Get Outta Town: Try to make sense of the Mystery Stone of Los Lunas

by Nick Gonzales

On a hillside west of Los Lunas, New Mexico, about 35 miles south of Albuquerque, sits a large boulder bearing a message etched into the stone. This, in and of itself, isn’t unusual; after all, petroglyphs are found throughout the region.

But this stone is different: Its etchings are an inscription … and they’re in ancient Hebrew … or Greek … or something.

The Los Lunas Decalogue Stone, which sits on the equally mysterious-sounding Hidden Mountain, supposedly bears an inscription of the Judeo-Christian Ten Commandments. At least that’s what people who believe the writing is Paleo-Hebrew say, as Harvard scholar Robert Pfeiffer did in 1949.

The 80-ton stone was first seen by Frank Hibben, an archaeologist from the University of New Mexico, in 1933. But he wrote that he was shown the boulder by someone who discovered the inscription in the 1880s.

The idea that it was there in the 1880s, when few people knew of the existence of Paleo-Hebrew script, leads some to believe that the stone is evidence of Pre-Colombian contact between the Americas and the Middle East.

Then again, Dixie Perkins, an epigrapher who was also from UNM, suggested that the inscription is in Cypriotic Greek and is a report from an explorer named Zakyneros, who was struggling to survive in the wilderness.

Outside of the world of academia, it gets even weirder. People cite the 4.f-foot-tall stone as proof of the existence of the lost civilization of Atlantis and just about everything except space aliens.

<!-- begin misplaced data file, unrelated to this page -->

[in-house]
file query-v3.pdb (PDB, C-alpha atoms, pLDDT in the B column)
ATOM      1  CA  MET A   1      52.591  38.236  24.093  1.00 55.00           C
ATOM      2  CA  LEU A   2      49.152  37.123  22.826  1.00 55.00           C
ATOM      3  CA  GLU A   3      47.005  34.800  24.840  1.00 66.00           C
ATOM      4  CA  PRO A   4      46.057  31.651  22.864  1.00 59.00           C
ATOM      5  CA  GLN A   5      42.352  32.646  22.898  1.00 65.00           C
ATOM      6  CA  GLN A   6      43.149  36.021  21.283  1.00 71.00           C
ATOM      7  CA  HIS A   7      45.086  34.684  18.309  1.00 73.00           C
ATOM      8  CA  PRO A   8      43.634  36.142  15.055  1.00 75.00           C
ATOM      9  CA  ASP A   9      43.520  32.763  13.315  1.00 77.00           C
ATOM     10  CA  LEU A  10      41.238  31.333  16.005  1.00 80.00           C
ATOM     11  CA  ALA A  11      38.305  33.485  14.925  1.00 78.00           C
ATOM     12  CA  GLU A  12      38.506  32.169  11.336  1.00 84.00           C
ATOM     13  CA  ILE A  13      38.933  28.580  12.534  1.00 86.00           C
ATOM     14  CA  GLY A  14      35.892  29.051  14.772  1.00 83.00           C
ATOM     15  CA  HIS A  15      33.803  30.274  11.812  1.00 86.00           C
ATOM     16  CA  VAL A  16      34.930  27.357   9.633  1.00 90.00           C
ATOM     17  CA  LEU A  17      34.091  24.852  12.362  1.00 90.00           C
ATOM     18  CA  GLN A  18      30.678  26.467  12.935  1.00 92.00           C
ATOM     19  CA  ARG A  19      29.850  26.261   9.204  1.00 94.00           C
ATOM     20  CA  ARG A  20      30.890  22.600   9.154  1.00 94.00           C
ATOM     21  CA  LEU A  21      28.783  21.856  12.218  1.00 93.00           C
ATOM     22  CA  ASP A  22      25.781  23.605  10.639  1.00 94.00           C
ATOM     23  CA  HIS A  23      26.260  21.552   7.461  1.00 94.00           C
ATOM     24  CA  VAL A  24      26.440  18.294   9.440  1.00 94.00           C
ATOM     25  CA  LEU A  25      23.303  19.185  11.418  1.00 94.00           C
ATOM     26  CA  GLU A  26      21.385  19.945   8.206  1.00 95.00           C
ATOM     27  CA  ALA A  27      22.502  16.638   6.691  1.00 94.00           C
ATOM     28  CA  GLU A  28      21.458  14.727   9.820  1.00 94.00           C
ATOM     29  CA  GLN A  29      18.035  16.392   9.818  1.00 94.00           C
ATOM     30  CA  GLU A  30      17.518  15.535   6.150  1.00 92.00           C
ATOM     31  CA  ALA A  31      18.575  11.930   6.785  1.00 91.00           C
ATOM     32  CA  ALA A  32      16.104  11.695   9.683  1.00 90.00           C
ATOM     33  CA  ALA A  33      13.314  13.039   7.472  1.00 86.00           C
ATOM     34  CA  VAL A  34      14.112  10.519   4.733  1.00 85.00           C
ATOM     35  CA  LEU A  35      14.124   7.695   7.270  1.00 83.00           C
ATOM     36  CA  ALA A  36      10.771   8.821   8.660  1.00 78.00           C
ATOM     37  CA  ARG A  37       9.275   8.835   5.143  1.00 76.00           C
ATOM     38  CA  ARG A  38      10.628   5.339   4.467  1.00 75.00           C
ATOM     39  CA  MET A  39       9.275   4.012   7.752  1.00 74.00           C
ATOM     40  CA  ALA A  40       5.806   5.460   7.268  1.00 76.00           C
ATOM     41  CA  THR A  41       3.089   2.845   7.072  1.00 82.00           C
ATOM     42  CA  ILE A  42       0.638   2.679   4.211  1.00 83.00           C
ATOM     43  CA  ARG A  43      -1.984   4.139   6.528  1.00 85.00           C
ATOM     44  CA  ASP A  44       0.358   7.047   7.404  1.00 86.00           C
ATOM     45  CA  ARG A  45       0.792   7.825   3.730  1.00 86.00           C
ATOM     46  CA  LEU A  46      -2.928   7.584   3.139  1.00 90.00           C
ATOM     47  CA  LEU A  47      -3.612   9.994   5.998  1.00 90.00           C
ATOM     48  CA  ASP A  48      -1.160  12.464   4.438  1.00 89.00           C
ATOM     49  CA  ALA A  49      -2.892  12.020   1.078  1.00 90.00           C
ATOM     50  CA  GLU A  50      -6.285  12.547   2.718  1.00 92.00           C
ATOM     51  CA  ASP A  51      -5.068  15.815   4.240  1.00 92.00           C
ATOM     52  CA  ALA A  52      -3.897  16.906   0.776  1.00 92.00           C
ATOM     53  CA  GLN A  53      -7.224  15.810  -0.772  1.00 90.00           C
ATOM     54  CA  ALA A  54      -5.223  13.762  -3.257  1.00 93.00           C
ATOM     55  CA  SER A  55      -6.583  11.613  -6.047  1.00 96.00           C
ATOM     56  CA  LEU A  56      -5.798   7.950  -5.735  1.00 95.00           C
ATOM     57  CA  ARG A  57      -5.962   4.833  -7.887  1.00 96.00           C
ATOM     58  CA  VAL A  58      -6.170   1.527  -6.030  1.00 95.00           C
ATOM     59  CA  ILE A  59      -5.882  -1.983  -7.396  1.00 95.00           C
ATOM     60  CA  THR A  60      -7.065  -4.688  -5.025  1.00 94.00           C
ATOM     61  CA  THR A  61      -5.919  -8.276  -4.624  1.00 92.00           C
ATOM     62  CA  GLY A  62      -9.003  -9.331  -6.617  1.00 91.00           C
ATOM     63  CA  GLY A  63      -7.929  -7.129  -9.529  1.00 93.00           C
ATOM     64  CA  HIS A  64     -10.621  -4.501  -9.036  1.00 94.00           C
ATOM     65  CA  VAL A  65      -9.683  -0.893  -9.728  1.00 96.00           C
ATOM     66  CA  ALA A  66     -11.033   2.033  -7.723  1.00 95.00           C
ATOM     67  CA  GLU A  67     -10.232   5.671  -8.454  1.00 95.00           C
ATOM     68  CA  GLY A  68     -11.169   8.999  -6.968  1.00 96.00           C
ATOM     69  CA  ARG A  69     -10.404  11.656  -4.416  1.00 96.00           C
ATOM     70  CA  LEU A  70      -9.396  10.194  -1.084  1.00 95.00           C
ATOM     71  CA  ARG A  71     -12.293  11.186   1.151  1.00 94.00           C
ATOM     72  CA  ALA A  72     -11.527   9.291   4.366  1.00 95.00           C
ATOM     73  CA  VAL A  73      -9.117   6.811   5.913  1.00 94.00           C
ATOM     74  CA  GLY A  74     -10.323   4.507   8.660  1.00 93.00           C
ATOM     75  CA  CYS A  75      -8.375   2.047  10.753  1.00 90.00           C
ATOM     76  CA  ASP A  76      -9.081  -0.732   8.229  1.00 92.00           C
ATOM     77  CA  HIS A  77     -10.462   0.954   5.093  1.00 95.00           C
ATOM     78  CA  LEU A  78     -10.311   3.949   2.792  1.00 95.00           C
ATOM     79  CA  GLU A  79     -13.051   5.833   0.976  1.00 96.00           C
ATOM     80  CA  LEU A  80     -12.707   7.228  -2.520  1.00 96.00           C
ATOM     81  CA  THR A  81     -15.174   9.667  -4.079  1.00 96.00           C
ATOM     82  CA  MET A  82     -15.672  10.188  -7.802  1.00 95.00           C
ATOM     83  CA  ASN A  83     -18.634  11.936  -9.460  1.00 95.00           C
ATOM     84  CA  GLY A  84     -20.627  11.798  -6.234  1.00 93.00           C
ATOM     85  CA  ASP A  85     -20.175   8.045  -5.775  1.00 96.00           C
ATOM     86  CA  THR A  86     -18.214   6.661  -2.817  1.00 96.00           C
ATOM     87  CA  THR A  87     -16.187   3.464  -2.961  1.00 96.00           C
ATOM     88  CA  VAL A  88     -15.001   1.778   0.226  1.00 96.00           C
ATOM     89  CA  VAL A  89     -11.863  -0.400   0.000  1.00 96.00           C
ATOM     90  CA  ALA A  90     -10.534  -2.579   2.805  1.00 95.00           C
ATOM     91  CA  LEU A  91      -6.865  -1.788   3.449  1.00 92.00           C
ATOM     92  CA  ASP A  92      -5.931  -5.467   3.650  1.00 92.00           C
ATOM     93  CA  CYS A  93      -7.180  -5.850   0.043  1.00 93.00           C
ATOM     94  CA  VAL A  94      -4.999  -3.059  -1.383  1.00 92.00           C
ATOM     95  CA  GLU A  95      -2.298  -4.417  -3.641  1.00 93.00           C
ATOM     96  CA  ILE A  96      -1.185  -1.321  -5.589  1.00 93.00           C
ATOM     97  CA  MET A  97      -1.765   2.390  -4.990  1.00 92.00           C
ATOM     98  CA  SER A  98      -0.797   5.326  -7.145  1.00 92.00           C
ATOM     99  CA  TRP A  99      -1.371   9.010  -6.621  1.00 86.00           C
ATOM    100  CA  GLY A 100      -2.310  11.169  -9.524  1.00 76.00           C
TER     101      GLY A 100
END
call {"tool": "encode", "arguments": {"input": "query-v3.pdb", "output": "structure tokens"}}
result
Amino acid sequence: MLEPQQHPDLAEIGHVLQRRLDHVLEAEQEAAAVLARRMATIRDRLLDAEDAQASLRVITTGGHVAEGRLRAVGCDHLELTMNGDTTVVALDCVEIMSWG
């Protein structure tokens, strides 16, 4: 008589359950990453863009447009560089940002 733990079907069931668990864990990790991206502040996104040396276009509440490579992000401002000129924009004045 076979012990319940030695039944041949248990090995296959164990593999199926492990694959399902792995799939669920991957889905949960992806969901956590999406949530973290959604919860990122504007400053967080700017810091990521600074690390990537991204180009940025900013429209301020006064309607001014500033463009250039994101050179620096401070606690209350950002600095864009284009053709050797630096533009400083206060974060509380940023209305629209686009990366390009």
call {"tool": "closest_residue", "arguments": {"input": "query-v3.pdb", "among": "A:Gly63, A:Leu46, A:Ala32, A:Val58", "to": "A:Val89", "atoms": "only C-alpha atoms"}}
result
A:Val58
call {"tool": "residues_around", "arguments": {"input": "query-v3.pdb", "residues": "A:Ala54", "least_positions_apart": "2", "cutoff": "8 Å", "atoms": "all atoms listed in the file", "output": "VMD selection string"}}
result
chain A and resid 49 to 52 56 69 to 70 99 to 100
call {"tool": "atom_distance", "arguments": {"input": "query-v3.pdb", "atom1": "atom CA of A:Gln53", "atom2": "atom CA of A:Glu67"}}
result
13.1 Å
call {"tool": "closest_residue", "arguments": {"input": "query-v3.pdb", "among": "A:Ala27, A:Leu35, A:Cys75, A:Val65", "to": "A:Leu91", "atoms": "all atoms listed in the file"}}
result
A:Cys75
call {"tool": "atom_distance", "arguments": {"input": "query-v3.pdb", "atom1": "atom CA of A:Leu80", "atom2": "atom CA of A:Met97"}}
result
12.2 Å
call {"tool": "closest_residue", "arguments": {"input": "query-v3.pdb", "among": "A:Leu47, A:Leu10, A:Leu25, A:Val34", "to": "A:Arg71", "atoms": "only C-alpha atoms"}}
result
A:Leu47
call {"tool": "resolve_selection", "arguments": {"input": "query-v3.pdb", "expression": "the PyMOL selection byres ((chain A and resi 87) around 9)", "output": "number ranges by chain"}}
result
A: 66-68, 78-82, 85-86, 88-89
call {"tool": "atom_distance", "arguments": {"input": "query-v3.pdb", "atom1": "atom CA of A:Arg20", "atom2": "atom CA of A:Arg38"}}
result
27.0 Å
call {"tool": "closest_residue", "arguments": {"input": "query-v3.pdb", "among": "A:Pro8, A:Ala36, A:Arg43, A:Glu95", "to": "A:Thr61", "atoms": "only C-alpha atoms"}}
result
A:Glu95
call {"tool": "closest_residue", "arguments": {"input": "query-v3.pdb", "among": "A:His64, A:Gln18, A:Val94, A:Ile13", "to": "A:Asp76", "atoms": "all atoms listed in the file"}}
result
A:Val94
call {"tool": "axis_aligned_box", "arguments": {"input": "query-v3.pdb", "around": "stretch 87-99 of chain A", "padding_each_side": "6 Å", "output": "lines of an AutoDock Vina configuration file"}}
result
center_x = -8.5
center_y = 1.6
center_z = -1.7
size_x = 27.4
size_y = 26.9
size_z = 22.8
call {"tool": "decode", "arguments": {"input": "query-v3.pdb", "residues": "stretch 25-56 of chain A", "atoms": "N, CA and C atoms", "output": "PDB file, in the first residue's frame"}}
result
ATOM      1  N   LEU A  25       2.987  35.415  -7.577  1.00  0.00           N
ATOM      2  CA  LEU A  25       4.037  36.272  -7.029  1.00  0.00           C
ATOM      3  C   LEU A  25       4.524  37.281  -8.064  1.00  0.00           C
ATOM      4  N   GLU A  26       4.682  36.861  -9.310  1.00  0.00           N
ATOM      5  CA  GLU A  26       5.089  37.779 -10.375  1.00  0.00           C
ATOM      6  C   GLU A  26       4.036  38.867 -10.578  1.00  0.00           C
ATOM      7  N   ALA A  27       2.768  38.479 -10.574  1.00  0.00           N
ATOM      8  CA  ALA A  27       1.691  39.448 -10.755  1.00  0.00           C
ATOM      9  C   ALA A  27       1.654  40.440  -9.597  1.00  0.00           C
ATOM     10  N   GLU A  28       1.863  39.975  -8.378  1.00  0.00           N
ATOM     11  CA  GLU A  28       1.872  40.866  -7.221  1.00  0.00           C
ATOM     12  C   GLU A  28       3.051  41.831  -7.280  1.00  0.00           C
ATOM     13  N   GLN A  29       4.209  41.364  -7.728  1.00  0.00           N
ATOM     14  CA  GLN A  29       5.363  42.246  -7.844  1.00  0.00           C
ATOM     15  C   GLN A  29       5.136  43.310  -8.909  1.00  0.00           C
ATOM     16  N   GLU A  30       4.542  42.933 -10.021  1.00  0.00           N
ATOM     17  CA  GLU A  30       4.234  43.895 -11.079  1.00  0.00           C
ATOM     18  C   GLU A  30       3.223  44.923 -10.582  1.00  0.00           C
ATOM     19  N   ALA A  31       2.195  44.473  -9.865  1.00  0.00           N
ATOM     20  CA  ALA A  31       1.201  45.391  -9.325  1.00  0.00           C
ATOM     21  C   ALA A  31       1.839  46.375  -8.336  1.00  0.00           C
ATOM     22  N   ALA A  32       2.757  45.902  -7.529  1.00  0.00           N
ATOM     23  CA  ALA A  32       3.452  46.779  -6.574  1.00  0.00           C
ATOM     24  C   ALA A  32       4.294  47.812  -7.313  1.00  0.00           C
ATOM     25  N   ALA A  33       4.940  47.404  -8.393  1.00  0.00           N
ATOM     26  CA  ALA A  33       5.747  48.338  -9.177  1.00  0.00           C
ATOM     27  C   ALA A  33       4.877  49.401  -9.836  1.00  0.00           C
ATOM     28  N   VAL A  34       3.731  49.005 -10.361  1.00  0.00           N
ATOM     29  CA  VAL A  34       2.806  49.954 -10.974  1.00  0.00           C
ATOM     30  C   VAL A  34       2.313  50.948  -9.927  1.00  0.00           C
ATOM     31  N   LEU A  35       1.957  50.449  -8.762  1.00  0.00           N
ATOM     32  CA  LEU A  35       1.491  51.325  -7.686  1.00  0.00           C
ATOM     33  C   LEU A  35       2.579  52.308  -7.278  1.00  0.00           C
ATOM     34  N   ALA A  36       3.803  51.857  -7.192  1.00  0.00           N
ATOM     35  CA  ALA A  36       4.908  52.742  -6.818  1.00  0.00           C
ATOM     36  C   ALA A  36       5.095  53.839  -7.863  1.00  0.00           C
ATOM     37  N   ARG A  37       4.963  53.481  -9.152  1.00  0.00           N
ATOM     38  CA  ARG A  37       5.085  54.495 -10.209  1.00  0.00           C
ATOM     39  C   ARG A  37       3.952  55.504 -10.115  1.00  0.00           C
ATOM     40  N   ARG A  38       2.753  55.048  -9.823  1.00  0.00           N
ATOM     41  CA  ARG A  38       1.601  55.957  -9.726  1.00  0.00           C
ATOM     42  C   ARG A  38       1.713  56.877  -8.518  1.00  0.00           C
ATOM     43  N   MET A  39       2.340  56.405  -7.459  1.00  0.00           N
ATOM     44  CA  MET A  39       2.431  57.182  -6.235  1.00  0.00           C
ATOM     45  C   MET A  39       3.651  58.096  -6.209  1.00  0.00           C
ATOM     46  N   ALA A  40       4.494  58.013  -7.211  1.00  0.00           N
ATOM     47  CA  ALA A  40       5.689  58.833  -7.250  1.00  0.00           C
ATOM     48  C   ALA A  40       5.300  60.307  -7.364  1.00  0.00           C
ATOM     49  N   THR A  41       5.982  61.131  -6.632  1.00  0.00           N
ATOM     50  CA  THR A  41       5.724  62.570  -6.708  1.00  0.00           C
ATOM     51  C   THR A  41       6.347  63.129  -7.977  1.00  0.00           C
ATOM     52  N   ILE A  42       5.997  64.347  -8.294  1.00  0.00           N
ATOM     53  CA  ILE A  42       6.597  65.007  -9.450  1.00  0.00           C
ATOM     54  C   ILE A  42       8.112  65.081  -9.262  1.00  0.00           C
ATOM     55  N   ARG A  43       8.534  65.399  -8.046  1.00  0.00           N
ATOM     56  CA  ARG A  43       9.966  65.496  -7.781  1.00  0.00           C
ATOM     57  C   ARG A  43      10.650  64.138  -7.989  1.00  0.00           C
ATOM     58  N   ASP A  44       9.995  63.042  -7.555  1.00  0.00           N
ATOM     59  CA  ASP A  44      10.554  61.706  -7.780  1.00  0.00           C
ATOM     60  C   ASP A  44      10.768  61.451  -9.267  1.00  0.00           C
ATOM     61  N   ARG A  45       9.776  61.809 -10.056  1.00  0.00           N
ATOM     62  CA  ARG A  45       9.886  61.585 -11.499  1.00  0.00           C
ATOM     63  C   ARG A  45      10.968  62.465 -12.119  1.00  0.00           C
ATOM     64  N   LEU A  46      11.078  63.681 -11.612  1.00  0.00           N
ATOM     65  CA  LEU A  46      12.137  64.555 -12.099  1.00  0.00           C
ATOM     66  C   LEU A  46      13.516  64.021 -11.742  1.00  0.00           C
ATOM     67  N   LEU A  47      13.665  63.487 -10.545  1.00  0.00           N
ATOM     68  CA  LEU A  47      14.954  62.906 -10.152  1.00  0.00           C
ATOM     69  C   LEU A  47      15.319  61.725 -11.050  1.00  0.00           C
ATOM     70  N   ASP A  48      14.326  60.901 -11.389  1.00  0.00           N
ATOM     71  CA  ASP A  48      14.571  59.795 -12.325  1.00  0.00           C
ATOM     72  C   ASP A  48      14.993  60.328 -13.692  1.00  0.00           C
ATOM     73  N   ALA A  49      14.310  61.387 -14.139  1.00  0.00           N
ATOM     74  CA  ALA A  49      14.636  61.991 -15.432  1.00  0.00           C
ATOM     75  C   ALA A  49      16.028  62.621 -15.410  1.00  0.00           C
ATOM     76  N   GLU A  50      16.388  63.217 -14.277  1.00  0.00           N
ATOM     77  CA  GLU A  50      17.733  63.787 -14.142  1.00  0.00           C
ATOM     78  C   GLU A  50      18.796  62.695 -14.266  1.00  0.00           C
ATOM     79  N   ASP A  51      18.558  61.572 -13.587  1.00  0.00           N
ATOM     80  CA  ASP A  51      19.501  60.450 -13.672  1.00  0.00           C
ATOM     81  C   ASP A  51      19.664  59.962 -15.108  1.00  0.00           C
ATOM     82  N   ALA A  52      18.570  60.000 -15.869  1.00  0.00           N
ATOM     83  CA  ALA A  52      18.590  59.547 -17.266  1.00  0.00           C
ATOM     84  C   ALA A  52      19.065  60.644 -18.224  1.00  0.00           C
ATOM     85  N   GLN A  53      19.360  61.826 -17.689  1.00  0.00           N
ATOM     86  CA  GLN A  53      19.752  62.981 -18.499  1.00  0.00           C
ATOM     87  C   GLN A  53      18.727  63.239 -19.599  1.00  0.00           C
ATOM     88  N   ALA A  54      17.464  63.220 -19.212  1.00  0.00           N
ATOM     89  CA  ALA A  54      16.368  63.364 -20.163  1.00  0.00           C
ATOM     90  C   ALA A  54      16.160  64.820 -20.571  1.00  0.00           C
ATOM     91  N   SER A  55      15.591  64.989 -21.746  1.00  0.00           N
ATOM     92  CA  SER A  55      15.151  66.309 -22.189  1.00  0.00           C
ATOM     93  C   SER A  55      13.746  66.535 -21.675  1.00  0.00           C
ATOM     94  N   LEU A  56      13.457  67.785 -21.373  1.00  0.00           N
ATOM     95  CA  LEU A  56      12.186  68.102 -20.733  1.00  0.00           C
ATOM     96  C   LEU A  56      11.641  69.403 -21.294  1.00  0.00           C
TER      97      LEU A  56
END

Of course, there’s a pretty decent chance it’s not real. The etchings on the rock are remarkably easy to make out for something that is supposed to be ancient. And they don’t grammatically match the languages in which they’re allegedly written.

Also … it’s all alone – there are no other rocks like it, and no signs that the site was important to ancient Hebrews, Greeks, or Atlanteans.

Scholars have always been dubious about Hibben’s work – there’s pretty good evidence that he would salt archaeological sites with artifacts so he could later dig them up in support of his theories. So he might have faked it himself. On the other hand, though, he wasn’t known for creating artifacts wholesale, and the Decalogue Stone doesn’t provide evidence for any of the theories to which he was attached.

According to an oral tradition at UNM, the bedrock near the stone is inscribed with “Eva and Hobe 3-13-30.” Purportedly, Eva and Hobe were anthropology majors and students of Hibben who created the inscription as a hoax. This would make it a case of hoaxers hoaxing the hoaxers.

According to the same story, Eva and Hobe’s deception was uncovered and they were told never to do it again.

It might be telling that five Mormon archaeologists from Brigham Young University, a group that would be very interested in ancient Hebrew artifacts being found in America, visited the stone in 1953 and called it a fake. (They noticed that there was no patina covering the inscription as there is for every petroglyph in the area left behind by actual indigenous peoples.)

Is the Mystery Stone of Los Lunas evidence of a long-lost civilization or is it a hoax created by two college students trying to prank their professor in the 1930s? You can hike up Hidden Mountain and judge for yourself if you get a $35 recreational access permit from the New Mexico State Land Office. (Just don’t vandalize the stone like someone did in 2006, scratching off the first line of the inscription.) The site is off New Mexico State Road 6.

Nick Gonzales

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